Instead, the authors satisfy themselves with a molded-plastic show bursting with more quotation marks than an English textbook. Catch, for example, that unmistakable Van Halen riff kicking off the second act. Or Cahoon's entire character, modeled so closely after Boy George that Rosie O'Donnell could probably sue for copyright infringement on her own failed Broadway venture, Taboo. Or the synthesizer-heavy stylings of all the songs, orchestrated (by Irwin Fisch) and performed with such creamy gusto, they'd be at home in any 1980s teen flick.
That, by the way, isn't a bad thing on its own, as many of the songs, however derivative, are musically attractive. But the lyrics reduce Sklar's hard-rock or easy-listening melodies to wafer-thin larks that, except for a nice second-act duet for Robbie and Julia ("If I Told You"), do little for character.
Benanti, at least, can manage without the help. She taps into the warming, Belinda Carlisle charm of her songs to develop a disarming simplicity and purity for Julia that belies the show's pervasive falseness. This is on most visible display during her energetic longing song, "Someday," the show's musical highlight. But throughout, despite few chances to pop out her gorgeous high notes, she's doing the best work of her career.
Lynch is a passable singer and a fine comedian (he's never better than when recreating Sandler's songs from the film), but he's no actor, and his attempts to communicate Robbie's heartbroken plight read as far more cartoonish than he undoubtedly intends.
Benanti and Lynch are, however, the show's only "straight" men. Spanger is Madonna in her respectable-slut period; Cahoon, as mentioned, is Boy George, for no better reason than "just because"; Finley is solid hair metal, and sings her unintelligible songs in mostly that style; Saldivar's the stereotypical dorky heartthrob (complete with mullet); and Blake is Wall Street's Gordon Gekko minus Michael Douglas's appeal, poise, and commanding voice.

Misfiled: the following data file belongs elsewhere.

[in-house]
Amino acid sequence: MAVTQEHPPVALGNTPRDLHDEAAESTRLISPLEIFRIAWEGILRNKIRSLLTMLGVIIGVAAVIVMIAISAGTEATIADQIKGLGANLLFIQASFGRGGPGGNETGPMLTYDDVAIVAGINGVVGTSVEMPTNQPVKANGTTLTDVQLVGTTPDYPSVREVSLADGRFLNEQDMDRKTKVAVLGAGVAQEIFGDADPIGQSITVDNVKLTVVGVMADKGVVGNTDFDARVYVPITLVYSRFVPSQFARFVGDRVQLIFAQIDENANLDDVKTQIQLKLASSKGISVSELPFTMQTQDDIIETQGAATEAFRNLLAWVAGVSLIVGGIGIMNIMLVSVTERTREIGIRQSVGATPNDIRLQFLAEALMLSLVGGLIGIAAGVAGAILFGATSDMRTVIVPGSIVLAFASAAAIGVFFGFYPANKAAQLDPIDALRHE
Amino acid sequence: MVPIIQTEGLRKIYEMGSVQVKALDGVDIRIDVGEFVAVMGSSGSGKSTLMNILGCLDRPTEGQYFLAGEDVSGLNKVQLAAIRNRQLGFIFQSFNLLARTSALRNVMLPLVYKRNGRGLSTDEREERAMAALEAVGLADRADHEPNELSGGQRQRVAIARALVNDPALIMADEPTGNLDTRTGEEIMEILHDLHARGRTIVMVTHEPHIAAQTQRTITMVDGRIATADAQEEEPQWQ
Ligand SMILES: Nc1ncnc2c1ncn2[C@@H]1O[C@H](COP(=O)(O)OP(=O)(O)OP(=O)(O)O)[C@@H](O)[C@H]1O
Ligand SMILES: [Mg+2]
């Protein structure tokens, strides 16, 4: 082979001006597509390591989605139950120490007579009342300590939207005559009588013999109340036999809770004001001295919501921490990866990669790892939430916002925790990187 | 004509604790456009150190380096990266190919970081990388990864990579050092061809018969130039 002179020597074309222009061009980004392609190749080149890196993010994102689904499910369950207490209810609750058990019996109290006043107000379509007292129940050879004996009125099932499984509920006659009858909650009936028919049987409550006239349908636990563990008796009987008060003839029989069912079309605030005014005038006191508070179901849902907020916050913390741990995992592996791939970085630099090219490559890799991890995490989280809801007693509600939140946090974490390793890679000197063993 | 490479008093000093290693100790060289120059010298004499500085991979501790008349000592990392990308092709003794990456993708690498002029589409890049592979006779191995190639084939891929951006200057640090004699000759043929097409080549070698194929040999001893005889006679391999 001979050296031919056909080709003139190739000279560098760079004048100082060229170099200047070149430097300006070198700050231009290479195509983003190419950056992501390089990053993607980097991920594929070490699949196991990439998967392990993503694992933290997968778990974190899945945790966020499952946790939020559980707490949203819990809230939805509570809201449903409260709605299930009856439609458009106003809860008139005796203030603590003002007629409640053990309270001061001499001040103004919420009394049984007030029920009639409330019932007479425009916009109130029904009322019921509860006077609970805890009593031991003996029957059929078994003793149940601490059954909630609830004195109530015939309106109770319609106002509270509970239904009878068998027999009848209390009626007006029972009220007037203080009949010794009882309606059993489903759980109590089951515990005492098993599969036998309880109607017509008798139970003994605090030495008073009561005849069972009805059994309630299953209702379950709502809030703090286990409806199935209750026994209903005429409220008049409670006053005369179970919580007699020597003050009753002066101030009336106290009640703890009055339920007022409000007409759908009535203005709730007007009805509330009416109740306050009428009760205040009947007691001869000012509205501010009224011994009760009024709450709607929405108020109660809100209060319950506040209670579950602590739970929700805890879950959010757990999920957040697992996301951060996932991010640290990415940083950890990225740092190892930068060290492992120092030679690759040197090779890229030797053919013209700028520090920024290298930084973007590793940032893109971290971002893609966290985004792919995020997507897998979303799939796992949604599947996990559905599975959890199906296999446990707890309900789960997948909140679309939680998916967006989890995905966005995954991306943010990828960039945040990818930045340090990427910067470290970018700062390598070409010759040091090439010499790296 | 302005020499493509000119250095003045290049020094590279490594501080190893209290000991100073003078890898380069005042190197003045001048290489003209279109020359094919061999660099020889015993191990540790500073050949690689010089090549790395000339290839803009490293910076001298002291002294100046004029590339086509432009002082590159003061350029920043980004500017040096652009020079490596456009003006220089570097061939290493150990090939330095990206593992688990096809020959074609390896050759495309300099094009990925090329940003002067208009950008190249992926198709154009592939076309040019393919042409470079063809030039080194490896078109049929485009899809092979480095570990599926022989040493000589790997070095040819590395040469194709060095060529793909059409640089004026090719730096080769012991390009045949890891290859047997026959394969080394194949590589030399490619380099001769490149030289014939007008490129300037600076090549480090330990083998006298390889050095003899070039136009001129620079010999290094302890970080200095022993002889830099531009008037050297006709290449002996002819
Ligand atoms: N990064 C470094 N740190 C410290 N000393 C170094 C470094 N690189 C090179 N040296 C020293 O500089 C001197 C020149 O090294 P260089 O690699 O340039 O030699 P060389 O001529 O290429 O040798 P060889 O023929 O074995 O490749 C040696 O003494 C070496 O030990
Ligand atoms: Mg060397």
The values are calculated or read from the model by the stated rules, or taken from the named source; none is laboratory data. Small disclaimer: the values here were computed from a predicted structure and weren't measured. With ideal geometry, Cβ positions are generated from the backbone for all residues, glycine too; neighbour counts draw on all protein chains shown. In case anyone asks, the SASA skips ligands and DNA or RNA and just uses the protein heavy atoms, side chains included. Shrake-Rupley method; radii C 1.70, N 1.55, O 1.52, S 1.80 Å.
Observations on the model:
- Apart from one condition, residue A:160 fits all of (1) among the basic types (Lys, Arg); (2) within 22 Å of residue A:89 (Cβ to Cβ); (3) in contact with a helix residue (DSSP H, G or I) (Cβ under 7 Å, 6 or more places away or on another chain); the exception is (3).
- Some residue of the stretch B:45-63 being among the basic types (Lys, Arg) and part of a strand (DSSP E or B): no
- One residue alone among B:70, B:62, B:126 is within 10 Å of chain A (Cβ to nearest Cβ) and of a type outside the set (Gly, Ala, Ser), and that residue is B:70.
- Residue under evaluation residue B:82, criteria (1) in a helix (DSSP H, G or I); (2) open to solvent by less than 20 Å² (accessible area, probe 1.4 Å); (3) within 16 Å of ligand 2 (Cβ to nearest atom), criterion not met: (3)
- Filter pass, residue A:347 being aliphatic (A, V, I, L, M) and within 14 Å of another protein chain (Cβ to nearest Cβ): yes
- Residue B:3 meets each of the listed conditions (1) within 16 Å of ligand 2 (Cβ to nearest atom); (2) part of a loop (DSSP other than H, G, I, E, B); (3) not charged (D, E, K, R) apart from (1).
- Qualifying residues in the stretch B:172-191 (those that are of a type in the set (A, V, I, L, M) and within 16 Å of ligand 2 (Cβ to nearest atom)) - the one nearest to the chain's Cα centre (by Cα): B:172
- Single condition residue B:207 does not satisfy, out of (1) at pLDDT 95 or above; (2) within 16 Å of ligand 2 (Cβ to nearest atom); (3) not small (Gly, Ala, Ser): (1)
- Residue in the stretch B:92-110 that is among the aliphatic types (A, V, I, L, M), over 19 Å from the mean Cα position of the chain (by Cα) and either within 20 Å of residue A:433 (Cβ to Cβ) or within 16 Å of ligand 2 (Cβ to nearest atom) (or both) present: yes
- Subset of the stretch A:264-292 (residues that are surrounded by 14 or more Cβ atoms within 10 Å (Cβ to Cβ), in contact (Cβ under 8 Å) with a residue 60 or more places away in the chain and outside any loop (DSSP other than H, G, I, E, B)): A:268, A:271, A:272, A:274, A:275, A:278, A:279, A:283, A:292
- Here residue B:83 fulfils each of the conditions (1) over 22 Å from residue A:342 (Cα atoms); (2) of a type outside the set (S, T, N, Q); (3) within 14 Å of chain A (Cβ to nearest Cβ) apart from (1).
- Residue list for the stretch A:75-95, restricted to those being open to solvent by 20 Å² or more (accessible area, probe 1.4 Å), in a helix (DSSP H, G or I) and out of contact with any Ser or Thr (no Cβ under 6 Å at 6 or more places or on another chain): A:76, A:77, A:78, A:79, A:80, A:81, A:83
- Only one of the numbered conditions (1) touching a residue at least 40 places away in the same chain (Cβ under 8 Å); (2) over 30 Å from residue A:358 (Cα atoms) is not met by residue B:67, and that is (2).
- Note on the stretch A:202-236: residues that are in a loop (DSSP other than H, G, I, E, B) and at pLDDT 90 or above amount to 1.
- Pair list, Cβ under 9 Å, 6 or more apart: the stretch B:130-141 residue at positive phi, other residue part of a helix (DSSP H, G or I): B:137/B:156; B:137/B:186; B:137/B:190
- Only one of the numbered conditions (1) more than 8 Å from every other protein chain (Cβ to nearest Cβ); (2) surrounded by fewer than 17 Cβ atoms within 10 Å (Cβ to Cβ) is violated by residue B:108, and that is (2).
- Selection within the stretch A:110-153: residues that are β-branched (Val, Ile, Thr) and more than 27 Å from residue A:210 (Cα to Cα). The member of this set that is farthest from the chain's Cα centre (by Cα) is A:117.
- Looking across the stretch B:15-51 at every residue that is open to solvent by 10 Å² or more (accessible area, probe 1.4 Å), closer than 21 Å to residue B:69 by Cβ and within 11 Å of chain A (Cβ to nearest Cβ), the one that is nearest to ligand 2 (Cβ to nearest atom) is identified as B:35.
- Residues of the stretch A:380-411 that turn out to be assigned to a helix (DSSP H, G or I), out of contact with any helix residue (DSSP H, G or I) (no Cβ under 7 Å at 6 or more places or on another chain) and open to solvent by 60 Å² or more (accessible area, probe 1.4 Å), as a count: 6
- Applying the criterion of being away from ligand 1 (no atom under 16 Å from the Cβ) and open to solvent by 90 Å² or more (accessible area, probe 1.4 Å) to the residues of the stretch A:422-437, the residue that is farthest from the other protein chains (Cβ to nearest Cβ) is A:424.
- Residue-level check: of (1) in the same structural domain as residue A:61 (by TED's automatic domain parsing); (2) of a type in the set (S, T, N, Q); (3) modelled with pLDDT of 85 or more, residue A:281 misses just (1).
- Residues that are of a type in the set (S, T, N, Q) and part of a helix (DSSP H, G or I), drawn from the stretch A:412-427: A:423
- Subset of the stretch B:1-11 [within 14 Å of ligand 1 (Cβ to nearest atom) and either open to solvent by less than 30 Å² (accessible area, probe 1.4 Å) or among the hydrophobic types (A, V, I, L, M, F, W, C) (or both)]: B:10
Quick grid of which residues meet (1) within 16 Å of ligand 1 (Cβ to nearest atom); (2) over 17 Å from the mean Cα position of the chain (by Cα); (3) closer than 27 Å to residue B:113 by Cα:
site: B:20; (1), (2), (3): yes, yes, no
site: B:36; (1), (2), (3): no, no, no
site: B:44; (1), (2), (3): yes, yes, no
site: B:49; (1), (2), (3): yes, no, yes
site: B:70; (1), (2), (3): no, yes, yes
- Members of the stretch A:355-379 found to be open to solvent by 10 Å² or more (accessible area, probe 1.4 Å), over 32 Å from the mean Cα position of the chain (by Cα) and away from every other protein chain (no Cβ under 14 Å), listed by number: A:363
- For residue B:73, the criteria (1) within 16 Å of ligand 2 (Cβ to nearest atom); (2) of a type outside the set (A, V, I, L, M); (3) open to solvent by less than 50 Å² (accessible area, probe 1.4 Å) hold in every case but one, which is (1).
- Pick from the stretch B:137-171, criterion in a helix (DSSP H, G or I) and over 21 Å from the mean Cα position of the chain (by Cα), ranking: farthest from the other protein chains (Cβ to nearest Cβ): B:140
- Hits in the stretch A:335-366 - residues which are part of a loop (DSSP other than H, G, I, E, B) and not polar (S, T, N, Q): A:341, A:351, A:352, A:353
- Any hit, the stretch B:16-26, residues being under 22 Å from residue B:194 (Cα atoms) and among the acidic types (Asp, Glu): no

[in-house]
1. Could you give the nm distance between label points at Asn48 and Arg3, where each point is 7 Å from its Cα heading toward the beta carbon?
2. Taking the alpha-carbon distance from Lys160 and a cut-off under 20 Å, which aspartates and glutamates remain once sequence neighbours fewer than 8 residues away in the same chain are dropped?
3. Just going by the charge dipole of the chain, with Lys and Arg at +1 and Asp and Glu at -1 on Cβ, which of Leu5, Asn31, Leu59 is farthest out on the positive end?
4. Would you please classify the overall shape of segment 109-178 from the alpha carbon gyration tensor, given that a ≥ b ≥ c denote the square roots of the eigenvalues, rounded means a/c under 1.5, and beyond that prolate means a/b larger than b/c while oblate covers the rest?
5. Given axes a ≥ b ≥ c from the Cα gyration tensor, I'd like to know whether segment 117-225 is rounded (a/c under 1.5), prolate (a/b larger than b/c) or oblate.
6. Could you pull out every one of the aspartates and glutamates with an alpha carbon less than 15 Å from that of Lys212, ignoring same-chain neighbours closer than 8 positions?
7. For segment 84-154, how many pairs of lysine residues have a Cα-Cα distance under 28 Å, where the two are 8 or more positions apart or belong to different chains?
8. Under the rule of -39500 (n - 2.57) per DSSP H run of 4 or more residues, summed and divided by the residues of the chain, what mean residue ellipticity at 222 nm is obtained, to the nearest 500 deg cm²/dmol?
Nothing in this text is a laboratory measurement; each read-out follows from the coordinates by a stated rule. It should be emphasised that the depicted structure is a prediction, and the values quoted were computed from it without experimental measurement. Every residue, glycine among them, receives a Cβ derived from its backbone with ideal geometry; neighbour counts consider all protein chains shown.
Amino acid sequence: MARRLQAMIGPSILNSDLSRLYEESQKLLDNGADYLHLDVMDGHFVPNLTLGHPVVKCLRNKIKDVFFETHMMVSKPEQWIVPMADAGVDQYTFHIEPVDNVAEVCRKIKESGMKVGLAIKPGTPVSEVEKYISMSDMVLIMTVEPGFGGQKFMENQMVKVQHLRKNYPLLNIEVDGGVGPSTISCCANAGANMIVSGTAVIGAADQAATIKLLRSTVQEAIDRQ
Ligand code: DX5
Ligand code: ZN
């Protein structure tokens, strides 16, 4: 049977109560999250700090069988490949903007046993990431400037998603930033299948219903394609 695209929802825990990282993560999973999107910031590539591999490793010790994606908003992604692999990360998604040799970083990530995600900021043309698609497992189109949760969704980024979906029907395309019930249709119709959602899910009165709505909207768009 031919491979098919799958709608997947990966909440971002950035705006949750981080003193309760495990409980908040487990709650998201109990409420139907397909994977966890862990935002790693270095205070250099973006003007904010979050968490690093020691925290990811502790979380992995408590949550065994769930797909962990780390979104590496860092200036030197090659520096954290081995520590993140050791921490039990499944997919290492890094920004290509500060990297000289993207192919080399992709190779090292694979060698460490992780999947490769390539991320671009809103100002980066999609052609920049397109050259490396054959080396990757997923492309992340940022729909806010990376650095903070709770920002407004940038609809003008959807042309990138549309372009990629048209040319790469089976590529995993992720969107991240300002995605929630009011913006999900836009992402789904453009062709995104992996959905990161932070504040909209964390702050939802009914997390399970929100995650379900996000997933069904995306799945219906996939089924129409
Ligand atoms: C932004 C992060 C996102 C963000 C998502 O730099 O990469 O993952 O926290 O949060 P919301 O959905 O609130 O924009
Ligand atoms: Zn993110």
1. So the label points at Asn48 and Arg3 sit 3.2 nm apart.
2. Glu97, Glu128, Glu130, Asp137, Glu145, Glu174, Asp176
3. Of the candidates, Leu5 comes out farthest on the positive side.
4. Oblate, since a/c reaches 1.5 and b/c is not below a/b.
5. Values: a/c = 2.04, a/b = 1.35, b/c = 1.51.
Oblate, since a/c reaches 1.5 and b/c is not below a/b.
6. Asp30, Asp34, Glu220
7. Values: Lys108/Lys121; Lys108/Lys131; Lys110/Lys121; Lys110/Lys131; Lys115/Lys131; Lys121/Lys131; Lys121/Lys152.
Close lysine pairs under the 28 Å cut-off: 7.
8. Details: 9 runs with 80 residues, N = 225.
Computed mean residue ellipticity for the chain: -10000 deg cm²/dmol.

Rita Gardner is sadly wasted as Robbie's foul-mouthed grandmother, but is so infectious that even her most wince-worthy moments (which, well, are all of them) consistently make her the most magnetic figure onstage. Her decades of experience (she was the original Luisa in The Fantasticks) and natural stage presence bespeak a care and professionalism everyone else would do well to learn from.
Do other things work? Sure. Scott Pask's scenery is attractive and inventive, as is Brian MacDevitt's lighting. And Rando's direction, for once, brings out the best in the material.
But there's just not a lot of "best" here; "good enough" is the predominant offering; this is exemplified by the two visual gags that bookend the intermission. The second act opens with an entr'acte recreation of the trailblazing videogame Pong. It's very funny, yes, to see lights recreate those ubiquitous paddles and that ever-bouncing ball, but Pong was 1970s news; by 1985, even Pac Man (1980) was approaching passé.
Spanger herself is responsible for the other: She ends the first act in a nightclub's go-go box, striking an evocative pose on a chair, and yanking a chain that thoroughly douses her with water, a la Flashdance. Why, you might ask? Why not, you can almost hear Rando and the authors respond. They might have spared Spanger the drenching: She, as with so much else in The Wedding Singer, was, like, already all wet.